Well, that depends on a lot of things. Generally when you’re talking about parking spaces, you’re talking about condos with garages, or communities with assigned parking spots that require a permit. When evaluating potential properties that are traditional sales (i.e. not a short sale or foreclosure), you will always pay a premium for a second spot. The question is, how much?
I pulled the sales from last year in 22201 to do a comparison of pricing for similar units who vary in the number of parking spots. Units were either identical in square footage or very, very close to try to keep constants in place. There are some that are different floors, so there may be a small variance accounting for higher pricing for higher floors, but all else remained as close as possible.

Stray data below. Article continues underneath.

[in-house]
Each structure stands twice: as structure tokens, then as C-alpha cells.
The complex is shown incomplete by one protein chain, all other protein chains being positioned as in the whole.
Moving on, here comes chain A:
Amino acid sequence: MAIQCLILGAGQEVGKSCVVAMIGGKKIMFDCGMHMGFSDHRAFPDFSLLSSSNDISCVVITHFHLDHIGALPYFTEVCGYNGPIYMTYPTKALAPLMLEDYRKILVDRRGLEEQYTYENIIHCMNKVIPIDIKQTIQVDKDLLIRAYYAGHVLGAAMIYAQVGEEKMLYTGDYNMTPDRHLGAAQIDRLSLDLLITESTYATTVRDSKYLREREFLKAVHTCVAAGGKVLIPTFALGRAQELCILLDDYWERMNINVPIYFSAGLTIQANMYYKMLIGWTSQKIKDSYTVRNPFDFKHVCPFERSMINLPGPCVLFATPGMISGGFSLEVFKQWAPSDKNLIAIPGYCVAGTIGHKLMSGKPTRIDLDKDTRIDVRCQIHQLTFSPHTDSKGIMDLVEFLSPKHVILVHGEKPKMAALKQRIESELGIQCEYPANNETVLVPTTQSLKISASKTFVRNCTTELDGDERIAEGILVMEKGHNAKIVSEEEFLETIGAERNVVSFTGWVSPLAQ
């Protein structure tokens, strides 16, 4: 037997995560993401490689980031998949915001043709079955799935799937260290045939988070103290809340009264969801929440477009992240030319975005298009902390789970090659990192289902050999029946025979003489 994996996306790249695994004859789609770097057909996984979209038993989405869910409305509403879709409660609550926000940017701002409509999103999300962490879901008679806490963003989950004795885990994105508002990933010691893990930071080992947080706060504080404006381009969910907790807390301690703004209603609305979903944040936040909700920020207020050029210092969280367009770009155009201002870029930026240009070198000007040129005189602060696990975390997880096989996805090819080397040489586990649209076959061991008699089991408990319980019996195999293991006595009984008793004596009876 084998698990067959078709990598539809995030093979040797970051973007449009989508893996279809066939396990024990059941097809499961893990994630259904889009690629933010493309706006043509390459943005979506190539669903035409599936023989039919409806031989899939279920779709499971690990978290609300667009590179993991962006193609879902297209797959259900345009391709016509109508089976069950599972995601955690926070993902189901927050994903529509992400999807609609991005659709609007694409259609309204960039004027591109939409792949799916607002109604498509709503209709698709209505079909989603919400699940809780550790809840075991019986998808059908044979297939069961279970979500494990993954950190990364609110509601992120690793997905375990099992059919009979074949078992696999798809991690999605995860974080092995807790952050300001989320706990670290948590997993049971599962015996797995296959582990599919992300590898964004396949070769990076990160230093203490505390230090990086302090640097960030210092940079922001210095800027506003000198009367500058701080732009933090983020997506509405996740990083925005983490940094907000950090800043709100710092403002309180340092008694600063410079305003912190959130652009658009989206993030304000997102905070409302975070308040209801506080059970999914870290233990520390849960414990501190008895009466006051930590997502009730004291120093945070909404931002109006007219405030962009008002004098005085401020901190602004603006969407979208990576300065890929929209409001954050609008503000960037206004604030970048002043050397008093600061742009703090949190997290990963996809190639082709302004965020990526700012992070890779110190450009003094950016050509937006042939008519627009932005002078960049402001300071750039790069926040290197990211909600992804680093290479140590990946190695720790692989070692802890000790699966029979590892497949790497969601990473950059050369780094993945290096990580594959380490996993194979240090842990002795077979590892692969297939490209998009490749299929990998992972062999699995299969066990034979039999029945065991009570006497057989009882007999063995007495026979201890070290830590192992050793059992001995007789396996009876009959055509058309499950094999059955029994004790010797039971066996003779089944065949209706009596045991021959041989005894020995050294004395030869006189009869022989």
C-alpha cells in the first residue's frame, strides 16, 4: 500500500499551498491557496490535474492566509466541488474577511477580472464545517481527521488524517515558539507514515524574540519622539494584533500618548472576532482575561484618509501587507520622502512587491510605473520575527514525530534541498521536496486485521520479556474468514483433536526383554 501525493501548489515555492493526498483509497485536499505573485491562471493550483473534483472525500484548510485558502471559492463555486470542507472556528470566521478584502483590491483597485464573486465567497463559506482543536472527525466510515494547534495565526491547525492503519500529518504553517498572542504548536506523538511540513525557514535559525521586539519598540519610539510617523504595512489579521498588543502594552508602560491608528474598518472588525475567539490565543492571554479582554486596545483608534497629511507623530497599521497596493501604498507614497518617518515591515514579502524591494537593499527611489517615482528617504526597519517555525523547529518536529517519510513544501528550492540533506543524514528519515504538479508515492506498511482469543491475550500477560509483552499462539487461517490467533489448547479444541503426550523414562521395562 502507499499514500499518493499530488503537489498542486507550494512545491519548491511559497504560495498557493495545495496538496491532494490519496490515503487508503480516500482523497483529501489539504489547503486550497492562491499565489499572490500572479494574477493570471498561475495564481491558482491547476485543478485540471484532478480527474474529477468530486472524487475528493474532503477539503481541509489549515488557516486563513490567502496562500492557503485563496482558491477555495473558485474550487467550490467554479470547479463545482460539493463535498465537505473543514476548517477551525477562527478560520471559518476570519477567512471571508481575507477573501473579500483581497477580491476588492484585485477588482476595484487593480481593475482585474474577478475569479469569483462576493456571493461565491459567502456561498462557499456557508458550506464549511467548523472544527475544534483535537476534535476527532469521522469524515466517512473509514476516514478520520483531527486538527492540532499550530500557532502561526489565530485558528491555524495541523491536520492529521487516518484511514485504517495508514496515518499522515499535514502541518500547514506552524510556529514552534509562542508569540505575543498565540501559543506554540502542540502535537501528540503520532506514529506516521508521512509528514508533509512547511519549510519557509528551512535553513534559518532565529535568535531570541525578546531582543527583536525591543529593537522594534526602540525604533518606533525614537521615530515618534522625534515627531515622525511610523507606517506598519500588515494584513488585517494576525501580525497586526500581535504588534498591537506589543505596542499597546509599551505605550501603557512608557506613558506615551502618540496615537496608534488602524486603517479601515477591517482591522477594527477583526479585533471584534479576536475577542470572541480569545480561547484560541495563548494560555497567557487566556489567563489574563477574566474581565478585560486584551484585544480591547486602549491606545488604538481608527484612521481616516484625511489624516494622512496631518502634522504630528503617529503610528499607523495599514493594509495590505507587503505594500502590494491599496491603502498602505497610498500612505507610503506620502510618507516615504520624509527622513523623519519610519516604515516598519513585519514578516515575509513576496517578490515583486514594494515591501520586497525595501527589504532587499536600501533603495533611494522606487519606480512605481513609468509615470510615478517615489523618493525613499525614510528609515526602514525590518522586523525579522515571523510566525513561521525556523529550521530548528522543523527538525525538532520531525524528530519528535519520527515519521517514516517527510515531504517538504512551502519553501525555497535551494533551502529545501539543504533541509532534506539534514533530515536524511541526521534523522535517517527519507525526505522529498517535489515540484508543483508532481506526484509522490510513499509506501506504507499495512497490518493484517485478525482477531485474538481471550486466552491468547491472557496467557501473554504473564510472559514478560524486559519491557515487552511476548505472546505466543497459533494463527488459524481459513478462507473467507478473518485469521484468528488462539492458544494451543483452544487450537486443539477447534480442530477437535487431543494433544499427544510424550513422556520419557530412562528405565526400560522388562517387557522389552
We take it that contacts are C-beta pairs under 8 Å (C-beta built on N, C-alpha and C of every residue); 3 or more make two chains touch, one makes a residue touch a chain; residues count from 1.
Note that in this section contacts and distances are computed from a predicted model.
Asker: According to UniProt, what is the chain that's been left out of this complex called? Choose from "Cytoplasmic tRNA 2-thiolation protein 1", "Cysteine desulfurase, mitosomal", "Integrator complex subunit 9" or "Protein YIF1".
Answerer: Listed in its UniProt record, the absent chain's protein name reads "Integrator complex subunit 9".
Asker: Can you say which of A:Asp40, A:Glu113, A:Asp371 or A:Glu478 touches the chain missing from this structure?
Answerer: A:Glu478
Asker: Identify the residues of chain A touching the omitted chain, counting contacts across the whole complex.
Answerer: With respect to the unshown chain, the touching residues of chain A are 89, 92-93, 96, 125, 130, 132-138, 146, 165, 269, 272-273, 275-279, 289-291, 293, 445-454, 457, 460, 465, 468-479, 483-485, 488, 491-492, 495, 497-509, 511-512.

I list the net sale price for the unit with 2 parking spaces first, followed by the similar unit with only 1 parking space:
Courthouse Hill: $452,000; $440,000 (+$12,000)
Courthouse Hill: $480,000; $475,500 (+$4,500)
Charleston Condo: $520,000; $505,000 (+$15,000)
Charleston Condo: $411,000; $399,900 (+$11,100)
1021 Clarendon: $581,000; $545,000 (+$36,000)
Station Square: $585,572; $540,000 (+$45,572)
As you can see the numbers are all over the map. Here’s what you should take away:
When you buy new, directly from a developer, you’re likely going to pay $20-$30k for an additional spot when you buy a condo. However, when you are selling it, you’ll probably only recapture about 50-75% of that cost. Now if you were to rent an extra spot at say $120/month (in today’s dollars) that’s $1,440 per year (and just like rents and inflation, this number can go up annually).
A lot of factors to consider, but definitely some values to throw into the mix when evaluating pricing a unit whether you’re buying or selling.